Influence of Stigma on Pre-Exposure Prophylaxis (PrEP) Care Continuum Among Men and Transwomen Who Have Sex with Men (MTWSM) in the United States
International Journal of HIV/AIDS Prevention, Education and Behavioural Science
Volume 5, Issue 2, December 2019, Pages: 134-140
Received: Oct. 15, 2019;
Accepted: Nov. 9, 2019;
Published: Nov. 17, 2019
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Jude Ssenyonjo, Department of Allied Health Sciences, University of Connecticut, Storrs, CT, USA; Institute for Collaboration on Health, Intervention, and Policy, University of Connecticut, Storrs, CT, USA
Roman Shrestha, Department of Allied Health Sciences, University of Connecticut, Storrs, CT, USA; Institute for Collaboration on Health, Intervention, and Policy, University of Connecticut, Storrs, CT, USA
Michael Copenhaver, Department of Allied Health Sciences, University of Connecticut, Storrs, CT, USA; Institute for Collaboration on Health, Intervention, and Policy, University of Connecticut, Storrs, CT, USA
Despite evidence from recent trials of the efficacy of pre-exposure prophylaxis (PrEP) in reducing the risk of contracting HIV, PrEP uptake has been slow due to a range of social, structural, and behavioral factors. In this systematic review, we examined the influence of stigma on the PrEP care continuum among men and transwomen who have sex with men (MTWSM). We conducted a literature search in the PubMed electronic database (2012–2018) that focused on the PrEP care continuum among high-risk MTWSM. We explored studies that specifically looked at the influence of stigma on the PrEP cascade among these socially disadvantaged populations. Our search yielded 161 articles, of which nine were ultimately included in our systematic review. The results showed a significant association between stigma and unwillingness to seek or use PrEP suggesting that stigma may negatively affect willingness and uptake of PrEP among these high-risk groups.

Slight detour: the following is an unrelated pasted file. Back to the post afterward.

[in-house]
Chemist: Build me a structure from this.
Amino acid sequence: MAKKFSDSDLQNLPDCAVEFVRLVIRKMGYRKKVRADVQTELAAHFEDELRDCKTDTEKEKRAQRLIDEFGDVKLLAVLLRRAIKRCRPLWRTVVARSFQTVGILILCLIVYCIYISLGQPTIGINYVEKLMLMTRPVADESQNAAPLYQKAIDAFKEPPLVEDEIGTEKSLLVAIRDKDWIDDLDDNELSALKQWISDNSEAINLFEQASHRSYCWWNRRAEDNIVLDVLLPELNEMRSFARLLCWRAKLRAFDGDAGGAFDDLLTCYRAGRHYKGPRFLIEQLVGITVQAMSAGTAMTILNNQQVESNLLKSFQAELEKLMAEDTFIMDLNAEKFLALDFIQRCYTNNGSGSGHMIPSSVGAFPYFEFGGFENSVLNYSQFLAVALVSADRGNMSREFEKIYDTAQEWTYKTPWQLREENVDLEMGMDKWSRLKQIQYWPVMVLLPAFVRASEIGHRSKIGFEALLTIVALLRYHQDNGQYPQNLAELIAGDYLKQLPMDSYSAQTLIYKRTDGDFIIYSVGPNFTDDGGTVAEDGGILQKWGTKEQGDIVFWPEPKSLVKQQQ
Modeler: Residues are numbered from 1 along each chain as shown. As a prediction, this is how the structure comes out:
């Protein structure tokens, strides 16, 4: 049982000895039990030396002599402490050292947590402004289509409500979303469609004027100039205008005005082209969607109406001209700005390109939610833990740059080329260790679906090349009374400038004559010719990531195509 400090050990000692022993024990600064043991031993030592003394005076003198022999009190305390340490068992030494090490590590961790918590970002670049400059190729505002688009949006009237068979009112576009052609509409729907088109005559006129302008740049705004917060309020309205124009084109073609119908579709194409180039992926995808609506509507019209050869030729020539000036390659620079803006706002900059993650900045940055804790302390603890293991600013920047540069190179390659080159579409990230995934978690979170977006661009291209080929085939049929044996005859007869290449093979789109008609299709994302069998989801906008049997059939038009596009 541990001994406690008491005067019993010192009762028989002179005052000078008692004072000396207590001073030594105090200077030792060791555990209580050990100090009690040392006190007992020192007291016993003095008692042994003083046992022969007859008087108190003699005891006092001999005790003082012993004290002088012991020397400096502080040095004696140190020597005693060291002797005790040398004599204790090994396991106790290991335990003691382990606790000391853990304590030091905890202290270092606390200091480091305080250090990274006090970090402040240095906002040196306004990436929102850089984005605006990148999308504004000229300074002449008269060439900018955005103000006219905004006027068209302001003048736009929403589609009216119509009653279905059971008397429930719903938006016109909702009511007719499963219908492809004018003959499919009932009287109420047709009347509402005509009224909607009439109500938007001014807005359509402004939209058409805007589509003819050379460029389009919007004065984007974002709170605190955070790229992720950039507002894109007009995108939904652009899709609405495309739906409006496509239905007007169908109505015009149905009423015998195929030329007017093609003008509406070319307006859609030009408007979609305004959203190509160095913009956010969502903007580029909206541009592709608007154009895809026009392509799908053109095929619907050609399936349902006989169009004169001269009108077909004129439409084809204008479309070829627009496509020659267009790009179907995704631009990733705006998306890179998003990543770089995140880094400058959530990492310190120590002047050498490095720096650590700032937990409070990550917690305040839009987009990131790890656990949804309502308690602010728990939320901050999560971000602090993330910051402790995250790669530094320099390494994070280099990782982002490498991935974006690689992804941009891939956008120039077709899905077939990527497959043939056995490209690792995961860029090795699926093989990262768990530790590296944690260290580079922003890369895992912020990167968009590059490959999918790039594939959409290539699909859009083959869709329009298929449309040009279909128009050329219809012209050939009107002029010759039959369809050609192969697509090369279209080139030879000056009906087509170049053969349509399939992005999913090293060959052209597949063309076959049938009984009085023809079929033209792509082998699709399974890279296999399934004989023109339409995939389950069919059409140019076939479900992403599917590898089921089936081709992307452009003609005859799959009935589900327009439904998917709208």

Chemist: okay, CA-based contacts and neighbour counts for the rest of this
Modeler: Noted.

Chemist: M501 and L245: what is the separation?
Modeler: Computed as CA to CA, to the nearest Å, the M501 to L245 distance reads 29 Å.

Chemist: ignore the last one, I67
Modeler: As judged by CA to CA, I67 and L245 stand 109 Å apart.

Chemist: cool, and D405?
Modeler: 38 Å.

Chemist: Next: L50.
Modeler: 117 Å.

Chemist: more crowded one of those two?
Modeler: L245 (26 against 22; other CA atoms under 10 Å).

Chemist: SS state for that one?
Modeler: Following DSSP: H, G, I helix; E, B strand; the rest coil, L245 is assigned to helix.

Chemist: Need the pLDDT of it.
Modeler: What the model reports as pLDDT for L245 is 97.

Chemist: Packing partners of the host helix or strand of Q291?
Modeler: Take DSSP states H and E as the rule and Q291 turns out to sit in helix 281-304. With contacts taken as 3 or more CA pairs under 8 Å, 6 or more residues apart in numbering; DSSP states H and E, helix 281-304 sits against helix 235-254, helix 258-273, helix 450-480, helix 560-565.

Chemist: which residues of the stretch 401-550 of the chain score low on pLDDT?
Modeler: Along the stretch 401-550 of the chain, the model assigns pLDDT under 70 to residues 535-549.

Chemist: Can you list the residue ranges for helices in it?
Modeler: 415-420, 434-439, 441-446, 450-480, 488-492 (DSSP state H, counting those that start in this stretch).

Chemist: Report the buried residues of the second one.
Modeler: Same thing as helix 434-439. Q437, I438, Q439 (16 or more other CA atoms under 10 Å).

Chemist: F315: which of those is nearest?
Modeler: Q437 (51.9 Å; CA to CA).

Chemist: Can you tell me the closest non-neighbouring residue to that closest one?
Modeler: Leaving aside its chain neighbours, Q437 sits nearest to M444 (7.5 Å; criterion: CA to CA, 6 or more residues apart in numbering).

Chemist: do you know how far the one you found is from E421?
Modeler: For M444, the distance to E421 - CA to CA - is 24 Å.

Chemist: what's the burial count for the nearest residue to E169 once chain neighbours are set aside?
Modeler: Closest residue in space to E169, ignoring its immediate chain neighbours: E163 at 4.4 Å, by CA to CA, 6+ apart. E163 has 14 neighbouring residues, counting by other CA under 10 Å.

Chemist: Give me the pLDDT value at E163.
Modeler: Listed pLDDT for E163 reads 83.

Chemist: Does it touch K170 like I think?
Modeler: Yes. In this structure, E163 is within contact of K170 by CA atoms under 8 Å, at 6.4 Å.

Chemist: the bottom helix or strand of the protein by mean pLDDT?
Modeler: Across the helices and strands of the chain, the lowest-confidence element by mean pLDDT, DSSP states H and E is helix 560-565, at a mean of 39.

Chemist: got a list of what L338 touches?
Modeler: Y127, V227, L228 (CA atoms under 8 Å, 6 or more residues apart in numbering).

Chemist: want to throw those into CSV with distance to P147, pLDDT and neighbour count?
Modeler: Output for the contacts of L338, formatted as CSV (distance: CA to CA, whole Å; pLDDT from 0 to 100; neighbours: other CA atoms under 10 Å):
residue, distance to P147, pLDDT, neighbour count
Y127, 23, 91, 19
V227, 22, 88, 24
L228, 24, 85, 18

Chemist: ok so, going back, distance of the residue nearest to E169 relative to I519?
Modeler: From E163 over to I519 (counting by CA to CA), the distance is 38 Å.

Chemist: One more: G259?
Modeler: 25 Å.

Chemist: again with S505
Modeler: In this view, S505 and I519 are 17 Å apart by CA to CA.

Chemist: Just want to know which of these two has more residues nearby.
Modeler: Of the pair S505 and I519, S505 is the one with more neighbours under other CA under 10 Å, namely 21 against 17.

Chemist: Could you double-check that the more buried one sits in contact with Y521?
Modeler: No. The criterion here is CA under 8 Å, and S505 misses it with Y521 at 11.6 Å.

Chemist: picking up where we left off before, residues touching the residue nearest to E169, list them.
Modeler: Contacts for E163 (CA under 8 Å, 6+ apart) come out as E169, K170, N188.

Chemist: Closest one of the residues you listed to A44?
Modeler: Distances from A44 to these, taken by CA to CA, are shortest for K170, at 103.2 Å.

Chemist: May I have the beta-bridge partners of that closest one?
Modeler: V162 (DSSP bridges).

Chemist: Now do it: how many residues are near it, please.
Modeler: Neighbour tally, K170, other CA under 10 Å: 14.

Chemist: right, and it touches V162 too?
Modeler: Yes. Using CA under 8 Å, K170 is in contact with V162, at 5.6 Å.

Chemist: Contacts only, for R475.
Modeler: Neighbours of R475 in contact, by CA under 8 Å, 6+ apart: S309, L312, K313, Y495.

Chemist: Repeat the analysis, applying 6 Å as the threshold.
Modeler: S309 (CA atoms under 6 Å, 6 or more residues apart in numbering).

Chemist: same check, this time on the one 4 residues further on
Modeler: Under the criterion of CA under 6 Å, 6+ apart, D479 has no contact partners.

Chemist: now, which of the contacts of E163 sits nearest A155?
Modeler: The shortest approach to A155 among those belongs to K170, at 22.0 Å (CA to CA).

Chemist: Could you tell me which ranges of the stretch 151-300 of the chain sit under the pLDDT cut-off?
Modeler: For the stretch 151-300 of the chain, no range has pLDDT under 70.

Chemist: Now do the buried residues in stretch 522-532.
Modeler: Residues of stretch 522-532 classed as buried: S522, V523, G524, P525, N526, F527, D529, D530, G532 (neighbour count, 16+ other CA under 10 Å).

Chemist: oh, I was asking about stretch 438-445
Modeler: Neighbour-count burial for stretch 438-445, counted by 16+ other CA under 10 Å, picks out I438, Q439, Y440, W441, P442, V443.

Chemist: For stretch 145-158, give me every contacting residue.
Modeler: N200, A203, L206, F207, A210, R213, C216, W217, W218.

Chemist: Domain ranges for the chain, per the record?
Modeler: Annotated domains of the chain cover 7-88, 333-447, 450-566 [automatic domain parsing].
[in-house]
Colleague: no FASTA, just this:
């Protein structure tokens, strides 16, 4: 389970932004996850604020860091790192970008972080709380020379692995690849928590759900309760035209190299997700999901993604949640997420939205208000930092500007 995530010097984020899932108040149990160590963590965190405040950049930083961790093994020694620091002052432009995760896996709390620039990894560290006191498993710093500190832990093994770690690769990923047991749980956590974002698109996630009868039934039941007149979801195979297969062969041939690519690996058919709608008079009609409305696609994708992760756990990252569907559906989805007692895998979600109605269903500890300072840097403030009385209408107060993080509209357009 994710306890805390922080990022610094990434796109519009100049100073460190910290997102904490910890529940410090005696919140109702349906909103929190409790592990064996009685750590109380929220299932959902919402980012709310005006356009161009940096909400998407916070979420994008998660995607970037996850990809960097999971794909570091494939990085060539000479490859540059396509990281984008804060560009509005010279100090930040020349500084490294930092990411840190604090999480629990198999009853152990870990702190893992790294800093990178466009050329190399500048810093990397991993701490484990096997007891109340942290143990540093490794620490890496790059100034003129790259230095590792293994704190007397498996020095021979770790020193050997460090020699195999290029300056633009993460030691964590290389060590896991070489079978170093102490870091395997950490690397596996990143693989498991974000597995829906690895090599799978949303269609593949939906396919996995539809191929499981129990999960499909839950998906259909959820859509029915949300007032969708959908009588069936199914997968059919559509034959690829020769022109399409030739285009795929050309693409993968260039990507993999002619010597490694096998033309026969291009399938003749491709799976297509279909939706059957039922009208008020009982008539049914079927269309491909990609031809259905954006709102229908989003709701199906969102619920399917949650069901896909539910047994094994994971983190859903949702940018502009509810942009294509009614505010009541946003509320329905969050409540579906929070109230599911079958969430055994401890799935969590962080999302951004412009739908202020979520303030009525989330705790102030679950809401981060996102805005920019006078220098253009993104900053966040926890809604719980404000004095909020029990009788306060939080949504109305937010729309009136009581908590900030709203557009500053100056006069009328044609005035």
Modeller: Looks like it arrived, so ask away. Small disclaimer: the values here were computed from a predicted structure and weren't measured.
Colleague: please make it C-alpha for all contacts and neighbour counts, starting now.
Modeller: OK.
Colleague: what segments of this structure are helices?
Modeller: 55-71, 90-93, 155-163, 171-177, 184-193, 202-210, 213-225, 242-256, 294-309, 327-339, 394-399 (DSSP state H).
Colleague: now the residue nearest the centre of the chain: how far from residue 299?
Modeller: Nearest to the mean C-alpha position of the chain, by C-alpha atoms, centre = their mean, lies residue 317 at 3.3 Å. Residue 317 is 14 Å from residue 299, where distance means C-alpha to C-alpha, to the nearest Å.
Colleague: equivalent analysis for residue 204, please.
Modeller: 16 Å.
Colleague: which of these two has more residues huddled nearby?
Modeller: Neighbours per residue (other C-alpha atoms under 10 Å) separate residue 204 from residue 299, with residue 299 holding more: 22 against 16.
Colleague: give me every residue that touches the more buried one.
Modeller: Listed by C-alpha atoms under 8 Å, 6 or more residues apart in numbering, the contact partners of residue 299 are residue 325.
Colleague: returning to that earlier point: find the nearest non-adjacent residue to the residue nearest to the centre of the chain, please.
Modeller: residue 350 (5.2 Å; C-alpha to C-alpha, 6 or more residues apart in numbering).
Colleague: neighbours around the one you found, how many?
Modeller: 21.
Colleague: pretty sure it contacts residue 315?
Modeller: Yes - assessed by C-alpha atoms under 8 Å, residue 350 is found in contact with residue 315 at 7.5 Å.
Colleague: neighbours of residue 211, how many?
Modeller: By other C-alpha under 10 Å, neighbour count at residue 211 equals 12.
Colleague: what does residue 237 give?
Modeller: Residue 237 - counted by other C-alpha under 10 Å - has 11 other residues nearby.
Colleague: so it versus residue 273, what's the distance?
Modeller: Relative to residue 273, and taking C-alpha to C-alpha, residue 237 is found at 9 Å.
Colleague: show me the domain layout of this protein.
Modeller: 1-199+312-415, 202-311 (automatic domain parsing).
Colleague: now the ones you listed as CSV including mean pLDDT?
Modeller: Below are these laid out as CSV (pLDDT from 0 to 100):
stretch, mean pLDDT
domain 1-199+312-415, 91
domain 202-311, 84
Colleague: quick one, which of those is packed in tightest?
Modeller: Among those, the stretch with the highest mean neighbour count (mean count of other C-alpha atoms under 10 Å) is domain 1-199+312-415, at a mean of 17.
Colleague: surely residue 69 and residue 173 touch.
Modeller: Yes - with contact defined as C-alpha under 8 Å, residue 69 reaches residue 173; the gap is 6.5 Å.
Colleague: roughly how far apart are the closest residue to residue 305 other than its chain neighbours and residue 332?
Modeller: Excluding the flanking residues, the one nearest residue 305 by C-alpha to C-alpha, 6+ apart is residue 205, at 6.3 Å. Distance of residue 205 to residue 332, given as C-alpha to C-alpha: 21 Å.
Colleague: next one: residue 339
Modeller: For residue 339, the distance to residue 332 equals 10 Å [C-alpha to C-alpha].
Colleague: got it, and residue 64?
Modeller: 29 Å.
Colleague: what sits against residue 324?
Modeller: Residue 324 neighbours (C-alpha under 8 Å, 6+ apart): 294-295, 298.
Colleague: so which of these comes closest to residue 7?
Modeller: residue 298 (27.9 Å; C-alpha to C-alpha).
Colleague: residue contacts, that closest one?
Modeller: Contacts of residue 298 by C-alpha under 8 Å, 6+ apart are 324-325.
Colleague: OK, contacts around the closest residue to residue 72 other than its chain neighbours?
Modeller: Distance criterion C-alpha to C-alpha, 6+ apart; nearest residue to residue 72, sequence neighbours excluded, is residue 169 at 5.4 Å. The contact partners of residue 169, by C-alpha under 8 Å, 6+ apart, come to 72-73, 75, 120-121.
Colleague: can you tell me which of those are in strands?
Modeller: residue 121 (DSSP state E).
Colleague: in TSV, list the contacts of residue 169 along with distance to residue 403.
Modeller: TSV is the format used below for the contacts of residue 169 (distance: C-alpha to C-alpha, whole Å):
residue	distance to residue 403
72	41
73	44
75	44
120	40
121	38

Influence of Stigma on Pre-Exposure Prophylaxis (PrEP) Care Continuum Among Men and Transwomen Who Have Sex with Men (MTWSM) in the United States, International Journal of HIV/AIDS Prevention, Education and Behavioural Science.
Vol. 5, No. 2,
2019, pp. 134-140.
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